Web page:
Customized Adherence Enhancement Intervention Improves Adherence Rates in Bipolar Disorder

bipolar disorder
Being able to understand bipolar disorder is one of the first ways of treating it.
Customized adherence enhancement may be most effective if implemented in individuals early in the course of bipolar disorder.

Customized adherence enhancement (CAE) in bipolar disorder (BD), a brief, BD-specific approach that targets individual adherence barriers, is more effective in supporting treatment adherence, functioning, and use of mental health resources than a BD-specific educational program (EDU), according to research published in the Journal of Clinical Psychiatry. Because nonadherence in BD ranges from 20% to 60%, targeting individual adherence barriers is essential.

A 6-month randomized controlled trial enrolled 184 participants with BD. CAE was prescribed for 92 participants and 92 were prescribed EDU. Researchers sought to compare the effect of each approach on adherence, symptoms, and functional outcomes among poorly adherent individuals. Adherence change was measured using the Tablets Routine Questionnaire and symptoms were measured by the Brief Psychiatric Rating Scale. Assessments were made at baseline, at 10 weeks, at 14 weeks, and at 6 months.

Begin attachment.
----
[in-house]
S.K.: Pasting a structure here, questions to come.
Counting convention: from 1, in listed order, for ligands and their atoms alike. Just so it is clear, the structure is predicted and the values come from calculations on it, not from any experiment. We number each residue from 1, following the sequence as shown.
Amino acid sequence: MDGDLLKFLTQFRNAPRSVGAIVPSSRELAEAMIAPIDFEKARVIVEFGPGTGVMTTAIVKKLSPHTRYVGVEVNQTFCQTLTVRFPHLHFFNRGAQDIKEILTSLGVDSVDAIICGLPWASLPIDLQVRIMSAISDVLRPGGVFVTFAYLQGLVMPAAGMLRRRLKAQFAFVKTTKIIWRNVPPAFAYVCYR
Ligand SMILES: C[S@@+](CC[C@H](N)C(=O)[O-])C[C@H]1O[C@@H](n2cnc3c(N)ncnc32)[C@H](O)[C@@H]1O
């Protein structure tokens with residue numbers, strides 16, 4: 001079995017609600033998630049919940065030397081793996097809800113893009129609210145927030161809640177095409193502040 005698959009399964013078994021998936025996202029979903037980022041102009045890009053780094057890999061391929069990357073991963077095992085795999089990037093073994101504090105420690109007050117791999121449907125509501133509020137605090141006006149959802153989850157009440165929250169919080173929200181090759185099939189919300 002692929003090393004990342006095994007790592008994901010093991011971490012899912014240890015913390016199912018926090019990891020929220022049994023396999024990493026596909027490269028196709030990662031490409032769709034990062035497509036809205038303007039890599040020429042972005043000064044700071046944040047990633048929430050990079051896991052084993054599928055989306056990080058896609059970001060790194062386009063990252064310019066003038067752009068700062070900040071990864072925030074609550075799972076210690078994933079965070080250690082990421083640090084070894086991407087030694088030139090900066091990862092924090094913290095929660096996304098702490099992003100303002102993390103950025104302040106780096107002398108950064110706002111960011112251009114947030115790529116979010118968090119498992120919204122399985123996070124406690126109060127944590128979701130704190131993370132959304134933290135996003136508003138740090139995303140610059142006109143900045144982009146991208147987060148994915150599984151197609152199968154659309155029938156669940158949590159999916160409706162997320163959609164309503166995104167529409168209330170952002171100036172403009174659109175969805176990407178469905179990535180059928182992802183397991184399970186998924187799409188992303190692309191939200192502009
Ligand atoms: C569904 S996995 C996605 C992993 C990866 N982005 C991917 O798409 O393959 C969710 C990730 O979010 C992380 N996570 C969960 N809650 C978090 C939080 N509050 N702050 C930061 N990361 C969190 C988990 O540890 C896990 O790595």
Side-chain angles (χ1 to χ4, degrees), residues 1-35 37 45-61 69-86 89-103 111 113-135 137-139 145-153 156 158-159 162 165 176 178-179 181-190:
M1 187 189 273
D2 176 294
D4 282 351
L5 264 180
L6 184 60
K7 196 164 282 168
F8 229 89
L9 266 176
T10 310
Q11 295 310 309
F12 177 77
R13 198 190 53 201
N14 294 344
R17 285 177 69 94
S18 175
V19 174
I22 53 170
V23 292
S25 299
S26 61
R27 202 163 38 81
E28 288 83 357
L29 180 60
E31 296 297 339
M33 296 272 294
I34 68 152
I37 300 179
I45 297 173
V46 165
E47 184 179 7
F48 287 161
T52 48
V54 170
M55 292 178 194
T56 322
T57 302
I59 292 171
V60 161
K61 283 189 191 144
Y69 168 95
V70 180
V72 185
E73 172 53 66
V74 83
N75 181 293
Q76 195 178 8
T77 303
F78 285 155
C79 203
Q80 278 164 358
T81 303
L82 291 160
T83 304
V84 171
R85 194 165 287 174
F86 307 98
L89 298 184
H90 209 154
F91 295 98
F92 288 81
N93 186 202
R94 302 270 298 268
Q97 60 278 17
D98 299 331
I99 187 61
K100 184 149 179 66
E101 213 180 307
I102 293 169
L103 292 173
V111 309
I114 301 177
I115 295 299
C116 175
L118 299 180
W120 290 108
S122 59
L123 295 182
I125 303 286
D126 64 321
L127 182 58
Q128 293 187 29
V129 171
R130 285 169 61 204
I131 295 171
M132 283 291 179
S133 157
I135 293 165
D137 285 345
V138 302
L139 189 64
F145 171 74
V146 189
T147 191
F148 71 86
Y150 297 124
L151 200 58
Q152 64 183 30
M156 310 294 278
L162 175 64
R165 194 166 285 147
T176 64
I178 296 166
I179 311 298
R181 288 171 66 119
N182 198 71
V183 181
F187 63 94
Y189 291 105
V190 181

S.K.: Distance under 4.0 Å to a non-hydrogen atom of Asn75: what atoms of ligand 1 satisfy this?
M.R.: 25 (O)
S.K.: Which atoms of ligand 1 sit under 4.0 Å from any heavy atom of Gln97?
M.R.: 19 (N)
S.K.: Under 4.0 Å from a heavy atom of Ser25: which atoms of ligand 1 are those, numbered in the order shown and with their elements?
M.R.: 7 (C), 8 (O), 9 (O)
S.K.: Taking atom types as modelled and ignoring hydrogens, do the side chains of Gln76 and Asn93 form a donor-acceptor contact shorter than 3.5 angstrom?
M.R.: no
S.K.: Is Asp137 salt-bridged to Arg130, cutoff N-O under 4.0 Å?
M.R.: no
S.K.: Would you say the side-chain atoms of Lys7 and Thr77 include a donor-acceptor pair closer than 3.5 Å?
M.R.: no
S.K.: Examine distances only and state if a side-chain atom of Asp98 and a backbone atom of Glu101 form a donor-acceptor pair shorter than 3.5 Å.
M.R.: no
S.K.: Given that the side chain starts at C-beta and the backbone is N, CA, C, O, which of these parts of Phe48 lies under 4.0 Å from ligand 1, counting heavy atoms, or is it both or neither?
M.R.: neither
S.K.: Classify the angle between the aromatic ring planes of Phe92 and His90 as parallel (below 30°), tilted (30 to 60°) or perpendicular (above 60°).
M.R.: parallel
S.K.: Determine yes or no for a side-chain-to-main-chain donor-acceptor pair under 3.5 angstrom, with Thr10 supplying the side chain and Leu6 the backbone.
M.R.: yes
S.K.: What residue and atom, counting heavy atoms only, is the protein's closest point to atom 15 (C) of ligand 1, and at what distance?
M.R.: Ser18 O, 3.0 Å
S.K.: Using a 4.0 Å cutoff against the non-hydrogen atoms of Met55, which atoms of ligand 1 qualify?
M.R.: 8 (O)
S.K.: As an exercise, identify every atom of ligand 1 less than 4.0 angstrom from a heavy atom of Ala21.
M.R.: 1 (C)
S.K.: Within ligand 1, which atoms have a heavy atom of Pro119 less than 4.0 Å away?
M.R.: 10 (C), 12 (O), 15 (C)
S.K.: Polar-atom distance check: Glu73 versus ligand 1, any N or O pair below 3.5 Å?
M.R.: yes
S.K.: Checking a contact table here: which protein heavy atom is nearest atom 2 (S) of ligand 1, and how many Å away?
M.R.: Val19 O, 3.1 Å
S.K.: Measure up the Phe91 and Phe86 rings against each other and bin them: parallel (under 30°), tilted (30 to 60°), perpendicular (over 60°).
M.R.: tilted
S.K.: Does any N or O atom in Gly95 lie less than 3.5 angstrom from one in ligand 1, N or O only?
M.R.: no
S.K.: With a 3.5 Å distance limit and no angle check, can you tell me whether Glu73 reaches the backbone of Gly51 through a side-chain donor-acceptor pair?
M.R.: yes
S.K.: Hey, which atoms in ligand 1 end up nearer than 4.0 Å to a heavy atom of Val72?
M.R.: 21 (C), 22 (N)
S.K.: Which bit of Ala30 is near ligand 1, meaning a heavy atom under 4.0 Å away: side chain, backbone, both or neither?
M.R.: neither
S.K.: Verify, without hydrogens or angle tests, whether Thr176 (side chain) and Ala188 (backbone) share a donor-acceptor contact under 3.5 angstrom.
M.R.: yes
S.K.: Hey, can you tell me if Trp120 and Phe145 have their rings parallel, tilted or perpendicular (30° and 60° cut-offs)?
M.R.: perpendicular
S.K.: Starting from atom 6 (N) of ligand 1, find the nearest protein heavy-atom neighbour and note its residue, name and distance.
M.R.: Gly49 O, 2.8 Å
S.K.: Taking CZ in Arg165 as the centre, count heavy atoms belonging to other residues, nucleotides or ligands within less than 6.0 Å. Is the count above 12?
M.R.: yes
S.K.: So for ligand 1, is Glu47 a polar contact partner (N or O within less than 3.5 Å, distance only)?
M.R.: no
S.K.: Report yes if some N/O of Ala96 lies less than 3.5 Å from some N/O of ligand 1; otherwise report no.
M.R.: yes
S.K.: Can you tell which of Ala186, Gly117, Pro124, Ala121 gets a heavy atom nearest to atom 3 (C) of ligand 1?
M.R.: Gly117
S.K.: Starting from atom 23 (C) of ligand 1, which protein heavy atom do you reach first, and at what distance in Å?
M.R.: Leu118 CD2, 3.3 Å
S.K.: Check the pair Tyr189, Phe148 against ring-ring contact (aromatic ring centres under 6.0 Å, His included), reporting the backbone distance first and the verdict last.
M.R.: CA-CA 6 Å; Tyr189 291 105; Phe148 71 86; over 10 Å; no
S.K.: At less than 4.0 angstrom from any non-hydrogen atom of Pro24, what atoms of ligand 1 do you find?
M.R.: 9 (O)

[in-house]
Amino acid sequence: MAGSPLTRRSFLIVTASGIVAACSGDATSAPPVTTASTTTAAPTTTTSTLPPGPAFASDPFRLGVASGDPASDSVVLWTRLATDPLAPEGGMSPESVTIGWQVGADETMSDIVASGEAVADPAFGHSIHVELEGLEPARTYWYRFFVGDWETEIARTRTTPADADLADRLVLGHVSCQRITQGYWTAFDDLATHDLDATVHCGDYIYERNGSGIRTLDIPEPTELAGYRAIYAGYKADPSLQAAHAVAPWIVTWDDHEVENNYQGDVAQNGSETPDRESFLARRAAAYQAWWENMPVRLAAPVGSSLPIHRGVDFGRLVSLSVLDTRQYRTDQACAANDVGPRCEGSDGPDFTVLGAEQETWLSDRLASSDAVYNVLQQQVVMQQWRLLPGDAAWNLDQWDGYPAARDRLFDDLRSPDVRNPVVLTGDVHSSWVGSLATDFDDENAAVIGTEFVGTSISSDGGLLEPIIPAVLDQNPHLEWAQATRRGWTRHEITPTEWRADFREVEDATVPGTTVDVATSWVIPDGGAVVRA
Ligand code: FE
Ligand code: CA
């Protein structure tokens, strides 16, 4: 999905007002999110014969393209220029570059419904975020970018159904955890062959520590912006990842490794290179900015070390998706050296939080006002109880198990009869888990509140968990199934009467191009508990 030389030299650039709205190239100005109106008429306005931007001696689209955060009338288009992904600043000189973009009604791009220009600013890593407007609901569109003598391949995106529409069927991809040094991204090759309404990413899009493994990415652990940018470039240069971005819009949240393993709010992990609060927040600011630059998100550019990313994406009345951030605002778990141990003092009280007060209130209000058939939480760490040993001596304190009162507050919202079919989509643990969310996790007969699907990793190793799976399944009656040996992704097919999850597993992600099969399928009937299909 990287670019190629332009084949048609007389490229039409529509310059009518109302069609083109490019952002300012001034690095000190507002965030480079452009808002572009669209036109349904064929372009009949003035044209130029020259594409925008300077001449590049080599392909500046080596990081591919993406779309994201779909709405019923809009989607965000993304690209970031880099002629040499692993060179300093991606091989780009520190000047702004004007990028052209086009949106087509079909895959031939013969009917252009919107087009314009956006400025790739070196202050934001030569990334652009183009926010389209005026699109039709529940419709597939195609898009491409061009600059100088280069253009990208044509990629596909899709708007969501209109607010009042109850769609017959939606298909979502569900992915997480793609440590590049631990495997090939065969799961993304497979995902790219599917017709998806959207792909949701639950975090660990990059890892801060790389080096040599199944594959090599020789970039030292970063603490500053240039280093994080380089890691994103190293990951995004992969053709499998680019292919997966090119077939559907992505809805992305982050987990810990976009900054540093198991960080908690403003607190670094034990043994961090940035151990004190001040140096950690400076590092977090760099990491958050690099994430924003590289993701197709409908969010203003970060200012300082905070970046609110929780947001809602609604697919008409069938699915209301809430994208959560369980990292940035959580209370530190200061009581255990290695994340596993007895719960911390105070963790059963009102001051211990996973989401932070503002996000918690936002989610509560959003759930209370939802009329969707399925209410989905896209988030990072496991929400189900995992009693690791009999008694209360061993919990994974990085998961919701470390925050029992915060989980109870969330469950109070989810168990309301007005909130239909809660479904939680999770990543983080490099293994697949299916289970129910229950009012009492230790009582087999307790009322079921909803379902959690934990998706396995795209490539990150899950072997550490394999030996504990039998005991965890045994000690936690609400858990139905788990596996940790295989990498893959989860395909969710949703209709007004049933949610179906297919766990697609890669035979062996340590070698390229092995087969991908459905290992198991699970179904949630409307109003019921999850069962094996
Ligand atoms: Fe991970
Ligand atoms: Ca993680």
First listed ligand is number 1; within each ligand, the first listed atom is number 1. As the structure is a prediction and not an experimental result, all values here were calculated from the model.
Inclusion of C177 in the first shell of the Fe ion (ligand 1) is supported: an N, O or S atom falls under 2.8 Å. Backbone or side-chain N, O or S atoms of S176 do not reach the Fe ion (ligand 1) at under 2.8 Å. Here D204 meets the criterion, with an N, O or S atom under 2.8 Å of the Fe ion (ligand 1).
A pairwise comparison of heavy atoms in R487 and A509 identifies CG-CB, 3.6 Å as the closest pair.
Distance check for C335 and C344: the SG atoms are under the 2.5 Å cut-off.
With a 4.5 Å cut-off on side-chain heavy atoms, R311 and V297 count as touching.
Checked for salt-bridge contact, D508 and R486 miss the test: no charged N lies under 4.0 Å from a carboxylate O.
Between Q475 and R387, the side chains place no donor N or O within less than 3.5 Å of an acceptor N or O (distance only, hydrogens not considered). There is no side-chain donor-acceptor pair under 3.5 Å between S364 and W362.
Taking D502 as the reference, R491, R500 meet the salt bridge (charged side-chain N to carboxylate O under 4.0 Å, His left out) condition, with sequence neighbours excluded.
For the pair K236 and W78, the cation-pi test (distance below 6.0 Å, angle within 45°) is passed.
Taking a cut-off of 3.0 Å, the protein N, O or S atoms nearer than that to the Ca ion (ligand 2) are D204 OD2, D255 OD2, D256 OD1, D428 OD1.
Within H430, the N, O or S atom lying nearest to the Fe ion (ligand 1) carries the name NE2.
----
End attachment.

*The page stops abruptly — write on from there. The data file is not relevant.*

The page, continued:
The study was limited by its single-site setting, short duration, and subjective adherence evaluation. Additionally, participants in this study may not represent all people with BD, especially considering the study’s attrition rate of <20%.

At baseline, participants had missed a mean of 55.15% of prescribed BD drugs within the previous week and 48.01% in the previous month. At 6 months, participants in CAE had significantly improved past-week and past-month scores compared with those in the EDU group. This score improvement remained significant after adjustment for multiple comparisons. Both groups used more mental health services at 6 months than at baseline, although the increase for CAE participants was less than that for EDU participants. CAE had additional positive effects on adherence, functioning, and mental health resource use overall.

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Researchers urge that “there is a need to support patients who are at high risk for future nonadherence and may not have access to (or interest in) high-intensity, specialized care,” and they stated that approaches to treatment should be individualized. They suggest that CAE may be most effective if implemented in individuals early in the course of their illness and they recommend further studies investigating ways in which CAE implementation could be increased.


Sajatovic M, Tatsuoka C, Cassidy KA, et al. A 6-month, prospective, randomized controlled trial of customized adherence enhancement versus bipolar-specific educational control in poorly adherent individuals with bipolar disorder. J Clin Psychiatry. 2018;79(6):17m12036.